At Joann's sale last weekend, I picked up some cheap cotton T-shirts. The fabric used to be a lot beefier than what you could find in a fashion retail store, and at 4 for $10, if you buy the large sizes, you can get a lot of yardage for $2.50.
So, I started with a couple of men's 2XL white shirts.
1. Press them flat and cut off the hem.
2. Fold them in half lengthwise and cut them into six inch strips. You can get two full tubular strips from a men's 2XL.
These T-shirts have no side seams.
3. Cut one side open.
4. Give it a twist and pin it to make that moebius strip that every good infinity scarf needs.
5. Set your serger up to flatlock. I used a swatch from the T-shirt's sleeve to test the flatlock settings. If you don't have a serger, try a zig zag, press it to one side, and then stitch the seam flat with a straight stitch.
6. Set your serger up for a lettuce edge rolled hem. I used a three thread, with red wooly nylon in the loopers, and red thread in the needle. Stitch all the way around. Because of the twist, it's one continuous run of stitching.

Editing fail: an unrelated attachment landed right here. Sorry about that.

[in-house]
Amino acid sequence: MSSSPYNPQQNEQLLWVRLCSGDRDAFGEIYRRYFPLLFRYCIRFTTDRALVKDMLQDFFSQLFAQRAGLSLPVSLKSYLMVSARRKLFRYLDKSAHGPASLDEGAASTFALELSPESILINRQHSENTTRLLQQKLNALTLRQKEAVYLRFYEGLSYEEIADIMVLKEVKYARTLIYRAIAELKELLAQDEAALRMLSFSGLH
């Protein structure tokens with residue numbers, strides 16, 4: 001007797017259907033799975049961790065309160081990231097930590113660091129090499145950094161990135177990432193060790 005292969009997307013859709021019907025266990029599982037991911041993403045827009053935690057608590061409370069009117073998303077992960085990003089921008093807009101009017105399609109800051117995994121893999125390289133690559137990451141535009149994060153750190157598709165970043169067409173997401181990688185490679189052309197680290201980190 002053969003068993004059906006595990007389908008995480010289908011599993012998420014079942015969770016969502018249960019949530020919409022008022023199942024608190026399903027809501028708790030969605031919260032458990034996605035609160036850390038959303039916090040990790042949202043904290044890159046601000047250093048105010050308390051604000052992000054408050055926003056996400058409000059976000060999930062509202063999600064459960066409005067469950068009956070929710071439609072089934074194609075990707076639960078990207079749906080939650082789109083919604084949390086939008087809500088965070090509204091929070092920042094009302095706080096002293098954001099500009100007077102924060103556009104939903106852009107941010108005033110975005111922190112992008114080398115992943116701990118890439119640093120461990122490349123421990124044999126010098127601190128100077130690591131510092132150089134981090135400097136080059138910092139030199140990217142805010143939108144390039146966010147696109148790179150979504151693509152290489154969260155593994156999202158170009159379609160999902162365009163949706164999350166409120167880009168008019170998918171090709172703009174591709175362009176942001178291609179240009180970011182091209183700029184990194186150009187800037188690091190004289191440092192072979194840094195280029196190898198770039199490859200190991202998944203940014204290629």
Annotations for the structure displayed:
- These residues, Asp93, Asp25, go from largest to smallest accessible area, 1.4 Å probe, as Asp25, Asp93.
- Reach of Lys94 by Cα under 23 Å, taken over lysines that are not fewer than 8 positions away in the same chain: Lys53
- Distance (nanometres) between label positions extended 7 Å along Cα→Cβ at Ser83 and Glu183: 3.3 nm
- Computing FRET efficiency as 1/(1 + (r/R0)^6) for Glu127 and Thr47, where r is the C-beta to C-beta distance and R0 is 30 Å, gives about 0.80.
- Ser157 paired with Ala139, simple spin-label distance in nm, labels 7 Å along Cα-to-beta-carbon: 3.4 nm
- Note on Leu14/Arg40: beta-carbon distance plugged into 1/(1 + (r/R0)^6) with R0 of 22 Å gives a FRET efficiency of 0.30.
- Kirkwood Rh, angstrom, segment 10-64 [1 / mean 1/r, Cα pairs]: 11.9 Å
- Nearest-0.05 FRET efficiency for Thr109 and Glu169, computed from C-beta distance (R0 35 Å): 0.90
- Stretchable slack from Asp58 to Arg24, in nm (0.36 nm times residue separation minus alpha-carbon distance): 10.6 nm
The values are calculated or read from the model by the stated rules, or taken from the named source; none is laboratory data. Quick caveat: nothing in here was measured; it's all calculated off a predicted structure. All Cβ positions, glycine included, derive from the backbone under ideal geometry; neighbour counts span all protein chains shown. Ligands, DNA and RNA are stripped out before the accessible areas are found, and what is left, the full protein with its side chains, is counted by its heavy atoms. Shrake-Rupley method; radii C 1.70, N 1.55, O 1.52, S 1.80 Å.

If you don't have a serger, you can do this with a narrow, short stitch length zig zag, as described here.
7. Set your serger up for cover stitch and stitch away in loose curves all the way around. The cover stitch will look different on the two sides of the twist, even though you are still sewing all the way around once.
8. Finished product.
My self-critique and suggestions
1. The T-shirt fabric was thinner than I would like, I may go poking around Joann's today and see if I can find yardage that would work better. I might also try doubling the fabric, but I'm not sure what type of lettuce edge that would give me. A good excuse to experiment some more. . . .
2. A two thread rolled hem might have given a better lettuce effect, I will definitely swatch some more.
3. the 2XL was perhaps too wide to start with so maybe an XL would be a better source of fabric if you go the T-shirt route.
4. Since I actually made four of these, I may try straight stitching two of them together, right down the middle, perhaps ruffling it up slightly with a ruffler attachment on one of my straight stitch machines, to give the whole thing a bit more body.
5. Red and Green wave stitch might be a lovely edging for something like this as well.....
I will update on this blog if any of these experiments work!
Drop me a comment if you try this and come up with any other suggestions.